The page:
Note to future directors of blockbuster bombast: Gone are the days of watching metropolises simply explode or collapse from such banally familiar tropes as nuclear blasts, alien death rays or picayune fisticuffs of levitating Avengers.
Doctor Strange, himself a future Avenger, and the new Marvel movie that dramatizes his origin story, have rewritten the disaster playbook, rendering obsolete the apocalyptic standbys that used to wow our pupils and punish our cochleas. Because once you’ve watched skyscrapers turn on their sides, undulate and flip upside down, or deconstruct themselves into gears of architectural nudity and reconstruct again, or dangle precariously in mid-topple while time stops, it’s hard to be amazed by yesterday’s pedestrian detonations.
All of this happens and much more in Doctor Strange, a mesmerizing mind-bender that, like its fellow late-blooming adaptee Ant-Man, earns its 3D glasses. We see energy fields and etheric bodies materializing out of nowhere, and our known universe being folded and shaped like a madman’s origami, as people and cars logically follow the patterns into seeming oblivion. The movie claims to have been directed by horror journeyman Scott Derrickson, but he seems to be channeling M.C. Escher. It’s a good thing Doctor Strange, a character that’s astonished us in panels since 1963, has taken this long to evolve into a feature film, because only in 2016 has digital wizardry evolved enough to realize his magic.
Yet, save for the de rigueur prologue in which a character loses his head in less than one screen minute, Doctor Strange begins all too earthbound. Stephen Strange (Benedict Cumberbatch) is a celebrity neurosurgeon with a steel-trapped capacity for music trivia and an ego the size of a Stage IV brain tumor. He’s like McDreamy without the heart or the suavity, a Type A-plus-plus personality who, when he recklessly speeds off a cliff toward certain death after an ill-advised iPad glance, we don’t feel particularly pained. Resurrected from the brink but with hands unable to hold a razor, he remains an unlikeable sod — arrogant, selfish, self-pitying, narcissistic and mean.
Thankfully, he soon eats his humble pie, served up by a long-shot healer in a secret address in Katmandu: The Ancient One, a bald guru played by Tilda Swinton with the kind of droll sarcasm and joyous command she’s rarely summoned to embody. He visits her on a lark after hearing that she helped a paralyzed patient walk again, but he gets instead a life-changing dose of New Age mysticism. He’s barely begun to imbibe her tea by the time she sends him hurtling through the multiverse, pinging and ponging off planets, prisms, interstellar kaleidoscopes and other versions of himself: The famous trip from 2001: A Space Odyssey conjured in a digital infinity.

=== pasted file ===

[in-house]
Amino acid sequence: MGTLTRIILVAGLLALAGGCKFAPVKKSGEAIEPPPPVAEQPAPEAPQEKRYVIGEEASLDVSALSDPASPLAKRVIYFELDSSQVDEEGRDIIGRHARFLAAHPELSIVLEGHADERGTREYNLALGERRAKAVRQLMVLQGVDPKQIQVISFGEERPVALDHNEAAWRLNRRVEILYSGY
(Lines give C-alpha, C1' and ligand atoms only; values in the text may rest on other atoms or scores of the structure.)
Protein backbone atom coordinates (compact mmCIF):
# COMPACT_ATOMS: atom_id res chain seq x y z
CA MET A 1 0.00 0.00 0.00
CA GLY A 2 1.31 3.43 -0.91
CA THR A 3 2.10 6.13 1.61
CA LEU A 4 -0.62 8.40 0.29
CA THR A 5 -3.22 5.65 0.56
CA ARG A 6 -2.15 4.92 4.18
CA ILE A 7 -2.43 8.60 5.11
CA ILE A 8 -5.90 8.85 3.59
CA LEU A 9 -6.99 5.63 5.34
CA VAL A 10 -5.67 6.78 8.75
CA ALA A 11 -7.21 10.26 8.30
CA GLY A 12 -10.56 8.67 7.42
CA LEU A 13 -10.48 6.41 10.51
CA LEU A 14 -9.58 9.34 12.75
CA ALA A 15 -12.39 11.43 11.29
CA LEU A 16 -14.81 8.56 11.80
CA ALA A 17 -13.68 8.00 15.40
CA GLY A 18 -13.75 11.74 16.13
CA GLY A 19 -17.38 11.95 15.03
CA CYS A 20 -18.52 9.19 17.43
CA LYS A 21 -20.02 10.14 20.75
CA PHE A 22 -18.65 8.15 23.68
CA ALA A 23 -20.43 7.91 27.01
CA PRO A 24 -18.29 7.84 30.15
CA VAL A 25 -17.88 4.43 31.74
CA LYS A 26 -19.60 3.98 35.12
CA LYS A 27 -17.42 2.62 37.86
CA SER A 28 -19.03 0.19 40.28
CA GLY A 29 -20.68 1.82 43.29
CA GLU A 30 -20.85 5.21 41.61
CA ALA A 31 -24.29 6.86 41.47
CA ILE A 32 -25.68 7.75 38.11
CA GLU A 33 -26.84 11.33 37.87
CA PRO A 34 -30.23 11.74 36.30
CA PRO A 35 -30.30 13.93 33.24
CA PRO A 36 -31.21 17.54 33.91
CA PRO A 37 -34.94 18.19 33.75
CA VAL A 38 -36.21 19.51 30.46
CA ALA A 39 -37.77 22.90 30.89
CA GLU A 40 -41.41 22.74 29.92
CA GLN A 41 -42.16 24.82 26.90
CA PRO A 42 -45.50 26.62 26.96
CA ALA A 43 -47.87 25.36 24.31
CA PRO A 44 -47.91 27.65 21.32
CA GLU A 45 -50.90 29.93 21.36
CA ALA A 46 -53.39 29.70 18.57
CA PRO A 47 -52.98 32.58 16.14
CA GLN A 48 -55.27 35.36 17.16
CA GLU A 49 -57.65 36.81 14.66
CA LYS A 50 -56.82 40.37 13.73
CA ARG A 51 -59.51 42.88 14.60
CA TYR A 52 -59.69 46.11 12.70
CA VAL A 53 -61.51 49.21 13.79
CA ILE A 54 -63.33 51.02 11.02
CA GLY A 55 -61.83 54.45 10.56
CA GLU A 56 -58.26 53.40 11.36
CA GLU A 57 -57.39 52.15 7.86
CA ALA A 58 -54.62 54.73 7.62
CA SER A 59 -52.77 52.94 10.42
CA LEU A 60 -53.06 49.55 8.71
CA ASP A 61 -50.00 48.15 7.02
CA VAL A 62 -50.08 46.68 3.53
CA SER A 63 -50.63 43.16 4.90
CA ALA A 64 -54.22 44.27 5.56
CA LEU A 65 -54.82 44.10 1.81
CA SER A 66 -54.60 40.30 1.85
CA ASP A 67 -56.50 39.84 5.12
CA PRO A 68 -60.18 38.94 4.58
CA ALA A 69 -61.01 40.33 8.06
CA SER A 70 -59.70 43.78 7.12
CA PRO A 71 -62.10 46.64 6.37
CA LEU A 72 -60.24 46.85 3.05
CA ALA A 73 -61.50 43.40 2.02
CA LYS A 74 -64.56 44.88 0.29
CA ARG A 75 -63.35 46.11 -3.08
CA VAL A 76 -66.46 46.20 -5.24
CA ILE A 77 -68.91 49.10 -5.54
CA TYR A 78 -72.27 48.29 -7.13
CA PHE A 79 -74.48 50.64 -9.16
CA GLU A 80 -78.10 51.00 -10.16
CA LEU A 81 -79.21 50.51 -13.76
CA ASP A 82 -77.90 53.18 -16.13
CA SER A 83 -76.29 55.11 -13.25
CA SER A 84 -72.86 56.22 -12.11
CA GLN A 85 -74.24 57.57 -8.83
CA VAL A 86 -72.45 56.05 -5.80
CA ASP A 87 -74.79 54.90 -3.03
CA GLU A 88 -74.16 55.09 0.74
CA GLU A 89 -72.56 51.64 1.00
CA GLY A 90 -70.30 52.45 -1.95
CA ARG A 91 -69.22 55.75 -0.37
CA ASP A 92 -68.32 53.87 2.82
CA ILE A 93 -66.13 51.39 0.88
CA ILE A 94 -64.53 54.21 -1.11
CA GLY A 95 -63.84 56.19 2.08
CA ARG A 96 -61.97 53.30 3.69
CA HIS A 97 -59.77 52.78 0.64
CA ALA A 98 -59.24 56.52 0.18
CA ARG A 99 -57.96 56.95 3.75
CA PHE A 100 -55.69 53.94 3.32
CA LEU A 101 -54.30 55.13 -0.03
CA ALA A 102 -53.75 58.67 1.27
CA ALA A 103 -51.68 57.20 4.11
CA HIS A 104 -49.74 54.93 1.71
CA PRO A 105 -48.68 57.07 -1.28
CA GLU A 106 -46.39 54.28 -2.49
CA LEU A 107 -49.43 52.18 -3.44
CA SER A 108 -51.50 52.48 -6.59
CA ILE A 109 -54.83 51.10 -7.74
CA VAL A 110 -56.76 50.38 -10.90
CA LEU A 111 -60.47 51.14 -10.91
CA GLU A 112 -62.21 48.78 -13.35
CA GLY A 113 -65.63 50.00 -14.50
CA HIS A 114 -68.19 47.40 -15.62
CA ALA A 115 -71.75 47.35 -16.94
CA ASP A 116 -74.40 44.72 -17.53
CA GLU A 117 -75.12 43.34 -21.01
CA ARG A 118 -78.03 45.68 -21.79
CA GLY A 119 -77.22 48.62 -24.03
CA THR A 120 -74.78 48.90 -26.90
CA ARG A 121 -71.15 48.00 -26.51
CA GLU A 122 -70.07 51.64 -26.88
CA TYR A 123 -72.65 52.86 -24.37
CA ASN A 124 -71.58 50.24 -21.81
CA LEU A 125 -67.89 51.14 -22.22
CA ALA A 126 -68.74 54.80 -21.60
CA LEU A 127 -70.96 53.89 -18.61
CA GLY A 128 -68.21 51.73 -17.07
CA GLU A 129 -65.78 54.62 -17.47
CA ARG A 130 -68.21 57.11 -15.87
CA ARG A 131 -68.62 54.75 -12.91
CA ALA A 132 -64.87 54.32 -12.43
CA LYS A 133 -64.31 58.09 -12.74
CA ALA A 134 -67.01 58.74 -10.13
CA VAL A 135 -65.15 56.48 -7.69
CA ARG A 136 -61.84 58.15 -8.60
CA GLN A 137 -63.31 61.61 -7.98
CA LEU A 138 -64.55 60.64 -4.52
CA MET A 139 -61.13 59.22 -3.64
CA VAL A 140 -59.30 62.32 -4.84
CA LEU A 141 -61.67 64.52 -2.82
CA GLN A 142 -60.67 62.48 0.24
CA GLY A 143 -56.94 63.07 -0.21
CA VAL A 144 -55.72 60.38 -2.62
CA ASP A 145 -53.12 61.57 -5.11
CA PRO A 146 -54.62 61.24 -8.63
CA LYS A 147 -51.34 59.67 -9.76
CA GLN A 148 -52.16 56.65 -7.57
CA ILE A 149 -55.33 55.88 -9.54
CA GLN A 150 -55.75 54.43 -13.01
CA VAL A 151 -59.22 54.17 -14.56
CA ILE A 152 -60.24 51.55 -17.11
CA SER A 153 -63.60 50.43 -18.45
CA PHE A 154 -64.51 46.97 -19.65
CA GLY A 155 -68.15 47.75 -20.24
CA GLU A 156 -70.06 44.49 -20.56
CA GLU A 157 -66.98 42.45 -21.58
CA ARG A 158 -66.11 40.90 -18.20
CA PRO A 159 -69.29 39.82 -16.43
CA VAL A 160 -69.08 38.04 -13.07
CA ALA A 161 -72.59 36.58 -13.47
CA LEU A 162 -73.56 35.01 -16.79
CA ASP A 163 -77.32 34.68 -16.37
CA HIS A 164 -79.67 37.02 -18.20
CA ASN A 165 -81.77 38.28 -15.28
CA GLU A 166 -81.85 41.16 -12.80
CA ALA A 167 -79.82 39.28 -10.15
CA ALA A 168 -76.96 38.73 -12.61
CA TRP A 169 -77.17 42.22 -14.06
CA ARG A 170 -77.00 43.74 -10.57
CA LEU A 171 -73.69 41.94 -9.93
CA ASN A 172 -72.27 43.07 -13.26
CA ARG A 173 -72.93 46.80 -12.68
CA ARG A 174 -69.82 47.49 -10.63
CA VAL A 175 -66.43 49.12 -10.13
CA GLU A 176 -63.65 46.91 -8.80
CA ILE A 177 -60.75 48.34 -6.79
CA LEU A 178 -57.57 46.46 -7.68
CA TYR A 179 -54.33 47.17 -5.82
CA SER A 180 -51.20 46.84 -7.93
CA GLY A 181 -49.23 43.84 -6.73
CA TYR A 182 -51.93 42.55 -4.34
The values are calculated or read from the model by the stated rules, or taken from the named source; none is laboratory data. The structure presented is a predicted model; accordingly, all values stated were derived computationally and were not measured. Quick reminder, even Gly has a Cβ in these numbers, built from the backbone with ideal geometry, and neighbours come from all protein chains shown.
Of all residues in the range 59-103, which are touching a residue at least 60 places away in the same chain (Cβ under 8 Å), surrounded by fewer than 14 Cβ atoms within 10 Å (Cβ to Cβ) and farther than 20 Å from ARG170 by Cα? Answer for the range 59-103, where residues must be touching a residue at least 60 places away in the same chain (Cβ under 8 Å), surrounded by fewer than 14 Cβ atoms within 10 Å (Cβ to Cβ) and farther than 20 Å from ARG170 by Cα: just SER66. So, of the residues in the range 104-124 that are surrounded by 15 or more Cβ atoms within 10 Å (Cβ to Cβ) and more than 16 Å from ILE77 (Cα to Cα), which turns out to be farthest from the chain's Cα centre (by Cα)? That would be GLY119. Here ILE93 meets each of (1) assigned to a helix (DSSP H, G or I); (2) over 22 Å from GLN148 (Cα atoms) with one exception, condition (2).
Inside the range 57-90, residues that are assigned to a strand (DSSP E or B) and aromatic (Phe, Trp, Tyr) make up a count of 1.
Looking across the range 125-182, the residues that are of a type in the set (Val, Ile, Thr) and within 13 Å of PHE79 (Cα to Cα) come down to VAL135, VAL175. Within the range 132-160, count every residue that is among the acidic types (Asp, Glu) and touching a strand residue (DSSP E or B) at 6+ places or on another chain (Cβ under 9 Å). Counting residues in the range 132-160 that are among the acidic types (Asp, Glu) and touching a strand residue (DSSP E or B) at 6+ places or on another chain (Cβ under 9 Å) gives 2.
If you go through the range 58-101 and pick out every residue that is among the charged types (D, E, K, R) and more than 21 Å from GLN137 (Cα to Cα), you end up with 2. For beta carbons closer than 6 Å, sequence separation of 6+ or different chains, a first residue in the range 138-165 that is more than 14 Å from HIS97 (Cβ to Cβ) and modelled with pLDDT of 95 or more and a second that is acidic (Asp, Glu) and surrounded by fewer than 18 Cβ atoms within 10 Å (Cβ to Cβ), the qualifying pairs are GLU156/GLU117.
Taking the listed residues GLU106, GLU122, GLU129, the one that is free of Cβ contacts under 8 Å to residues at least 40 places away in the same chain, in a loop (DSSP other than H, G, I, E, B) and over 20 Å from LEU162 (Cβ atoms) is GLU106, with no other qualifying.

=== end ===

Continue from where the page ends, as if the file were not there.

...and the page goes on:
During his time at the Nepal retreat, Strange becomes a metaphysical Karate Kid, as this denier of spiritualism gradually evolves into the one man fated to use the powers of thought, consciousness and manipulation of energy to, you know, save the entire world(s).
Must all comic book movies capsize in such existential destruction? When Doctor Strange occasionally lumbers, it’s because it jettisons its natural mirth for laborious, overplotted gravitas. When it has fun with its conventions, the possibilities are, like Strange’s powers, limitless. Never thought you’d see two astral bodies body-slamming each other in the middle of a surgical theater while the earthly husk of one of them lies in the balance? Neither did I, which makes the movie such a surprising and generally fleet-footed product.
Cumberbatch, like Swinton, seems to be having the time of his life onscreen, unshackled by the hefty considerations of a self-conscious prestige picture. The more the film progresses, the Strange-ier he looks, eventually developing the character’s close-cropped facial hair and discovering his trademark Cloak of Levitation — a sentient cape that functions as both sidekick and fashion statement. It doesn’t speak, and it’s still wittier than any live-action Robin.
DOCTOR STRANGE. Director: Scott Derrickson; Cast: Benedict Cumberbatch, Chiwetel Ejiofor, Rachel McAdams, Tilda Swinton, Benedict Wong, Michael Stuhlbarg, Benjamin Bratt, Mads Mikkelsen; Distributor: Disney; Opens: Friday in most area theaters